Lyle Palm

Lyle Palm

Welding Instructor/Dean of Welding and Fabrication


United States Navy / Workshops for Warriors

Milestones

My road in life took a while to figure out.
I went to trade school and earned a certificate in welding.
I entered the military wanting to learn more about welding; I served in the Navy for over 20 years.
I went to all of the Navy's advanced welding schools and became a nuclear component welder.
While serving, I finished my bachelor's degree in education because I'd realized I wanted to teach.
After I got out, my brother and I started a metal fabrication shop.
I got my master's degree in 2012 and my grandsons got to watch my graduation on the internet.
It made me proud to know that I was setting a positive example for my family and grandsons.
I volunteer at Workshops for Warriors, teaching transitioning veterans welding, a viable skill.
Keep following my journey

Education

High School
Bachelor
Adult and Continuing Education and Teaching
Southern Illinois University Carbondale
Graduate
Space Studies
University of North Dakota
Certification/License
Welding Certificate

Career

Welding Instructor/Dean of Welding and Fabrication

I'm the dean of welding at Workshop for Warriors and I help vets realize a new career in welding.

Career Roadmap

Roadmap
My work combines:
My work combines:
Armed Services
Education
Teaching / Mentoring

Day to Day

I roll out of bed at 4:30 a.m. and drive up to Camp Pendleton to start my day. I teach welding for about eight hours, constantly interacting with and mentoring staff and students, and helping them work through projects and problems. Around 3:00 p.m., I drive another hour south to teach at Workshops for Warriors for a few hours, then I get home at about 9 p.m. It's a long day, but I'm extremely invested in paying it forward, helping my fellow veterans, and helping them grow bankable skills.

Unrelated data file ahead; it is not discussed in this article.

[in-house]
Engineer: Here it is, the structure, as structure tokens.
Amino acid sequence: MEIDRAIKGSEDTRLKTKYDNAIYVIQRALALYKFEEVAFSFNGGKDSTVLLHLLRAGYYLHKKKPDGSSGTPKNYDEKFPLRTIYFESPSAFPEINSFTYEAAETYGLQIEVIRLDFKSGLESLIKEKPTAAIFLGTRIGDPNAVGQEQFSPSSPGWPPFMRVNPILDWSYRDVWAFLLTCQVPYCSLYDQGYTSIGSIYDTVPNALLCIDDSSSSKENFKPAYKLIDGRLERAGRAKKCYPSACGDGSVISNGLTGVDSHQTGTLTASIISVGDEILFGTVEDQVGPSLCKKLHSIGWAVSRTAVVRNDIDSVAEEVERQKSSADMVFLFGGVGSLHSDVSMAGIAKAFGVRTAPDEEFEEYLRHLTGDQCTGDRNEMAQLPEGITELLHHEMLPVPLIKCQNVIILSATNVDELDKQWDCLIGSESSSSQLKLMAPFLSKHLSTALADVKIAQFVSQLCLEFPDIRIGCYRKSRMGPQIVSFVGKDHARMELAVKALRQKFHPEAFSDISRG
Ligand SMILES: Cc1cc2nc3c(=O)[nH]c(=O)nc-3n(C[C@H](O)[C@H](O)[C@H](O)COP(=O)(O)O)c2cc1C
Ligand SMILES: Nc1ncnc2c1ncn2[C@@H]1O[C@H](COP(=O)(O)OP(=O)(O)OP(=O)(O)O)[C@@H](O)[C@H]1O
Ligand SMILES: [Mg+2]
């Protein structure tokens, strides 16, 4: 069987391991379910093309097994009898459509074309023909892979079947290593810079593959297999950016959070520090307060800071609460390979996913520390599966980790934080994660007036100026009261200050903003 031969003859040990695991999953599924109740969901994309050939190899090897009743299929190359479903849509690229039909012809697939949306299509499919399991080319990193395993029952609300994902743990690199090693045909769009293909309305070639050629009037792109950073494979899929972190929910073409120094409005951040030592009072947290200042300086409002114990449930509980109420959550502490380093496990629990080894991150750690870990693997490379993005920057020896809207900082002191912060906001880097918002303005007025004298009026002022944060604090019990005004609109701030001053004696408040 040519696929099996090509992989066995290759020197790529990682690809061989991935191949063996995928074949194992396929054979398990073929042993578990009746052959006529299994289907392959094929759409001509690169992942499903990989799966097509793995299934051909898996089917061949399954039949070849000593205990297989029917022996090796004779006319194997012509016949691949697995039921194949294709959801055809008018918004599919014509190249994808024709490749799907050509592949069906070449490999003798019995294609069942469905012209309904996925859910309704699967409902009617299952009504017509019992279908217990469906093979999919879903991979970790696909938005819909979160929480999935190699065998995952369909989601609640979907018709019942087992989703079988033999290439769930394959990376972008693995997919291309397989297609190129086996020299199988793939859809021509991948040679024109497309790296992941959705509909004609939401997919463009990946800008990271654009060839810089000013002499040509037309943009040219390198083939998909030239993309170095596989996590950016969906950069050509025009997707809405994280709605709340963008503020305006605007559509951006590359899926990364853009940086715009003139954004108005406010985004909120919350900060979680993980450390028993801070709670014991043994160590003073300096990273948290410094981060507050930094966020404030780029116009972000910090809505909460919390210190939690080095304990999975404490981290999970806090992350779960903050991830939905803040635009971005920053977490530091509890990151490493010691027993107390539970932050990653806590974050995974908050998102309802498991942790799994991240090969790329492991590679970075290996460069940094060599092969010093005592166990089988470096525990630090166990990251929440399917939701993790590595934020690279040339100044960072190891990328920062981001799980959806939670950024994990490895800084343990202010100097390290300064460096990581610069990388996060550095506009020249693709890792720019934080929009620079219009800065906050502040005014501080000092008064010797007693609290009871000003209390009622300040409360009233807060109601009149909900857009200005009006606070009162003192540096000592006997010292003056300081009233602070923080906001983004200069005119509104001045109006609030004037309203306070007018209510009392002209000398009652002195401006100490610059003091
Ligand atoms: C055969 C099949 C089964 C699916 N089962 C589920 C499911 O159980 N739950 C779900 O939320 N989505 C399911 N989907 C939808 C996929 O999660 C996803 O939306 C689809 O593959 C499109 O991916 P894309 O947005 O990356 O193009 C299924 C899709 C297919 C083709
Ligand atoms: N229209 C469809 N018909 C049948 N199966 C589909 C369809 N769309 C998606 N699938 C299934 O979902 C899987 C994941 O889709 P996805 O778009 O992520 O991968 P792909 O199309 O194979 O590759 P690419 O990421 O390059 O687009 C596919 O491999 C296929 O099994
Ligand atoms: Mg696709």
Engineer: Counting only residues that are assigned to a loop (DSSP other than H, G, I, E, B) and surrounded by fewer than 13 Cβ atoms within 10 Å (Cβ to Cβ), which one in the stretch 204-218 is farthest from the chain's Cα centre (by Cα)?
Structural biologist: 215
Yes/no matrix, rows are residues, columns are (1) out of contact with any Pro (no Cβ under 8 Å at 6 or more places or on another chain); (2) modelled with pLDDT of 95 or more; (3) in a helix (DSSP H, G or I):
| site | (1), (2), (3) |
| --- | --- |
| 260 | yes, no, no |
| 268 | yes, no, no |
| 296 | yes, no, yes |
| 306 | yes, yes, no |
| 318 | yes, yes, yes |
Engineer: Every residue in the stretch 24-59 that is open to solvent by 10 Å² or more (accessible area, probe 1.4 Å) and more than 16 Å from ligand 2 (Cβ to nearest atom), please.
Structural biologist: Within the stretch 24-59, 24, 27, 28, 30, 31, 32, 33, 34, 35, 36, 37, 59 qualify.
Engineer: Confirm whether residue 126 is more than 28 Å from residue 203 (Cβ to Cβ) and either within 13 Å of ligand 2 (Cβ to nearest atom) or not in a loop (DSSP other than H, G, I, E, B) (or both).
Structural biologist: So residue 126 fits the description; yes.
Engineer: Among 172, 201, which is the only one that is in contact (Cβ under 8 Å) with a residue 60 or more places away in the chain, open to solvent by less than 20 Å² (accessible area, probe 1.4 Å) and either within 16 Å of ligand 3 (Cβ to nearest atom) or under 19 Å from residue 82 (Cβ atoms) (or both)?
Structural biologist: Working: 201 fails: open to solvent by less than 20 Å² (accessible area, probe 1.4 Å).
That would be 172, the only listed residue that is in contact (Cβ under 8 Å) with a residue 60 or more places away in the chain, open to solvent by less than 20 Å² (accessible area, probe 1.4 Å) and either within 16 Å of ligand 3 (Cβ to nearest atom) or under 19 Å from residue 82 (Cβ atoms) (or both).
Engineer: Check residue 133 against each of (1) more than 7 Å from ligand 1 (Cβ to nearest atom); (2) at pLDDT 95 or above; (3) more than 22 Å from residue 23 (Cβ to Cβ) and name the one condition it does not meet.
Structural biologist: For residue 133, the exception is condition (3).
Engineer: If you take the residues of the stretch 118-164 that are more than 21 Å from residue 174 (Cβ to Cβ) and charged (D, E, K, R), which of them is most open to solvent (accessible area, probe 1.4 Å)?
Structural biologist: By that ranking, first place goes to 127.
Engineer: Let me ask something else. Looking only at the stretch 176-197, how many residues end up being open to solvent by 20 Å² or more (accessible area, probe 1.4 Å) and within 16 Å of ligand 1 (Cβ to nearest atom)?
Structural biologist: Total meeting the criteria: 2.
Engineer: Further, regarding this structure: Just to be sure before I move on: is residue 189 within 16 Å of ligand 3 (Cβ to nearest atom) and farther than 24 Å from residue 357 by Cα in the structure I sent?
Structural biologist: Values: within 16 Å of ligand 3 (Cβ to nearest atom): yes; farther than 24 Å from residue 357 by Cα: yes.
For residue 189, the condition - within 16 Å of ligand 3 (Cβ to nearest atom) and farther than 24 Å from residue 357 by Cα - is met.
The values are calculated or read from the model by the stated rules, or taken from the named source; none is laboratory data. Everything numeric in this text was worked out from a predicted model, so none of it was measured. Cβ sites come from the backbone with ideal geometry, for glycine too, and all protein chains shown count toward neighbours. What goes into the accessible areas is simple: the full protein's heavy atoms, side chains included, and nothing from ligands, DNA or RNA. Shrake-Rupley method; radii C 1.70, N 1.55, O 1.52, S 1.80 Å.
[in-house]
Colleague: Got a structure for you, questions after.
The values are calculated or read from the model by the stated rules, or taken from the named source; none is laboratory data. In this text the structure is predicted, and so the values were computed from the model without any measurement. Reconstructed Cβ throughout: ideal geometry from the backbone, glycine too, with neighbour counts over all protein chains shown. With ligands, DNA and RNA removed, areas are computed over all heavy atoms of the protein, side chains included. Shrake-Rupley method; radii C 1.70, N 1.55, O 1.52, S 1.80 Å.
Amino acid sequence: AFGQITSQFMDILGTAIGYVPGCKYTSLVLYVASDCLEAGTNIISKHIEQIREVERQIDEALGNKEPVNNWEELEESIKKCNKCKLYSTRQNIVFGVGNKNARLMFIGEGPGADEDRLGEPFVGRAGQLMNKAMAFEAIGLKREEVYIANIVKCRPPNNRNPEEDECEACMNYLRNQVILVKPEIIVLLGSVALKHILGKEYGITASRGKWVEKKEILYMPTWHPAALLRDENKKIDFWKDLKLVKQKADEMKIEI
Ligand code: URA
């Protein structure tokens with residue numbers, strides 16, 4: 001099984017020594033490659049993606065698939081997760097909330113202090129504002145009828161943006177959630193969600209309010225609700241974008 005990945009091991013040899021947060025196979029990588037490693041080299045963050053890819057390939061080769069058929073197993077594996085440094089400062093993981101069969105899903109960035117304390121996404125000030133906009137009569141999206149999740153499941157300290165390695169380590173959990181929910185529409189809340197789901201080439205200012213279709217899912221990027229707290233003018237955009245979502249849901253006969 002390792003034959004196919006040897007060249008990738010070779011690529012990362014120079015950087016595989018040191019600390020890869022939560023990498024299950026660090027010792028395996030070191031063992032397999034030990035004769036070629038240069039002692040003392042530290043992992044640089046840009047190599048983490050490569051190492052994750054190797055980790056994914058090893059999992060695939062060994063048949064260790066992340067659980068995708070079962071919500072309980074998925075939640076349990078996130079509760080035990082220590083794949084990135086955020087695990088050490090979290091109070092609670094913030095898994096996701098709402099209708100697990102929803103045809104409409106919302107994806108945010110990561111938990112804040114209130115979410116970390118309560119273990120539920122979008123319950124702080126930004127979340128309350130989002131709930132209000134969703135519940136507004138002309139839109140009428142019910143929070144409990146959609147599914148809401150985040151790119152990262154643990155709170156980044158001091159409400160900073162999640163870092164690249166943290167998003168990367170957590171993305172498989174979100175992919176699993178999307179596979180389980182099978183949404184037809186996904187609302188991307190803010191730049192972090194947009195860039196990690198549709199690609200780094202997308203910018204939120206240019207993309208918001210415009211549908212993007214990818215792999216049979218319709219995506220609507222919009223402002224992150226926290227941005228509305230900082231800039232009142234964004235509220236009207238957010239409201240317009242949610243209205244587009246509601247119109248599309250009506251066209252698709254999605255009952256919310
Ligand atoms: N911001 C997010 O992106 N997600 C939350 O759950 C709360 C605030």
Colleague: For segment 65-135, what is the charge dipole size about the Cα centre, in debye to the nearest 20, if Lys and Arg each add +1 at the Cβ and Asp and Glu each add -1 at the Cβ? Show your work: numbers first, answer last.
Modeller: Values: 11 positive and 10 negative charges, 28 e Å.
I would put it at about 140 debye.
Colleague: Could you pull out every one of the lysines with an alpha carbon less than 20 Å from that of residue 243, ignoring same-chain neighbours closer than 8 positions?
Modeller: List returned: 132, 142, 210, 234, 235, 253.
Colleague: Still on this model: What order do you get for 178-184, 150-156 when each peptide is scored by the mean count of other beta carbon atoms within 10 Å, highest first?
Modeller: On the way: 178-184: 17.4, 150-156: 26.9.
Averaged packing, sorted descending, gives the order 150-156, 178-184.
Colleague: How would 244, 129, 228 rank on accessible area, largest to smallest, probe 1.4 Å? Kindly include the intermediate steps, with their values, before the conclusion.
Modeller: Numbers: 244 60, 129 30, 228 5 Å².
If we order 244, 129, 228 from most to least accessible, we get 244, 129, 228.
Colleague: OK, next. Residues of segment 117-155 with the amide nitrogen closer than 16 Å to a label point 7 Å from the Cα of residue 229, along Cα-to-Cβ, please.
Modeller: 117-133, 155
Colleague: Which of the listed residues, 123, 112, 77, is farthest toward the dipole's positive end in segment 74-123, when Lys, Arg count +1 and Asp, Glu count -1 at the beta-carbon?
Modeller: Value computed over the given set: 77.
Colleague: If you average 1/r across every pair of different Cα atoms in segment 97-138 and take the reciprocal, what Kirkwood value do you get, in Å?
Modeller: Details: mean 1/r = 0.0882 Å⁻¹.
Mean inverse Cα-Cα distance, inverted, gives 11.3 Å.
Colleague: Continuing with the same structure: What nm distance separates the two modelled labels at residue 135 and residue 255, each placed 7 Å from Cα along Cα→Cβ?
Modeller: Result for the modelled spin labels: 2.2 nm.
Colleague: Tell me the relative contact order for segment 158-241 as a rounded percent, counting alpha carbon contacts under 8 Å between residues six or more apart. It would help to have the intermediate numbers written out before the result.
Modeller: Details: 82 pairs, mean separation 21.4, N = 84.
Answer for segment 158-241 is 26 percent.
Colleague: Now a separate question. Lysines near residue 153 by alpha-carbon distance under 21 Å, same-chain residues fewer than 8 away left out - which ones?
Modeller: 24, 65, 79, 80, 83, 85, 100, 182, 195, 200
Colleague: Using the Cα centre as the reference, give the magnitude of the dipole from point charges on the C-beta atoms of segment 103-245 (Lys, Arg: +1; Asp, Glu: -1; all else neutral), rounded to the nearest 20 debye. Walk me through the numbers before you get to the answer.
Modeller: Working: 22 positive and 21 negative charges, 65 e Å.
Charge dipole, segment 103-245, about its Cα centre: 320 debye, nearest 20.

Skills & Qualities Beyond School

Working with service members, veterans, or wounded warriors, I feel like it's an unwritten requirement for you to have served in some branch in the military. When you're trying to teach or mentor someone, you have to be able to relate to that person in that moment, and it's much easier to understand what my students are going through because I've been there. There are certain things-combat, deployment, living on base, being separated from your family-that only fellow veterans can empathize with.

Advice for Getting Started

Here's the first step for college students

Make sure you understand what welding is: a lot of people see a video, think it looks cool, and fail to understand the hard work that has to be put in. It's going to be hot, you're going to be handling electricity and getting shocked, and it's going to be noisy, loud, and uncomfortable. If you're wired to handle all of that, this could be the job for you. But in most cases, people aren't cut out for this, and that's okay, too, as long as you don't waste too much time and money figuring that out.

Recommended Education

My career is related to what I studied. I'd recommend the path I took:

undergrad
Bachelor
Adult and Continuing Education and Teaching
graduate
Graduate
Space Studies
certification
Certification/License
Welding Certificate

Hurdles

The Noise I Shed

From Teachers:

"You're not especially strong academically."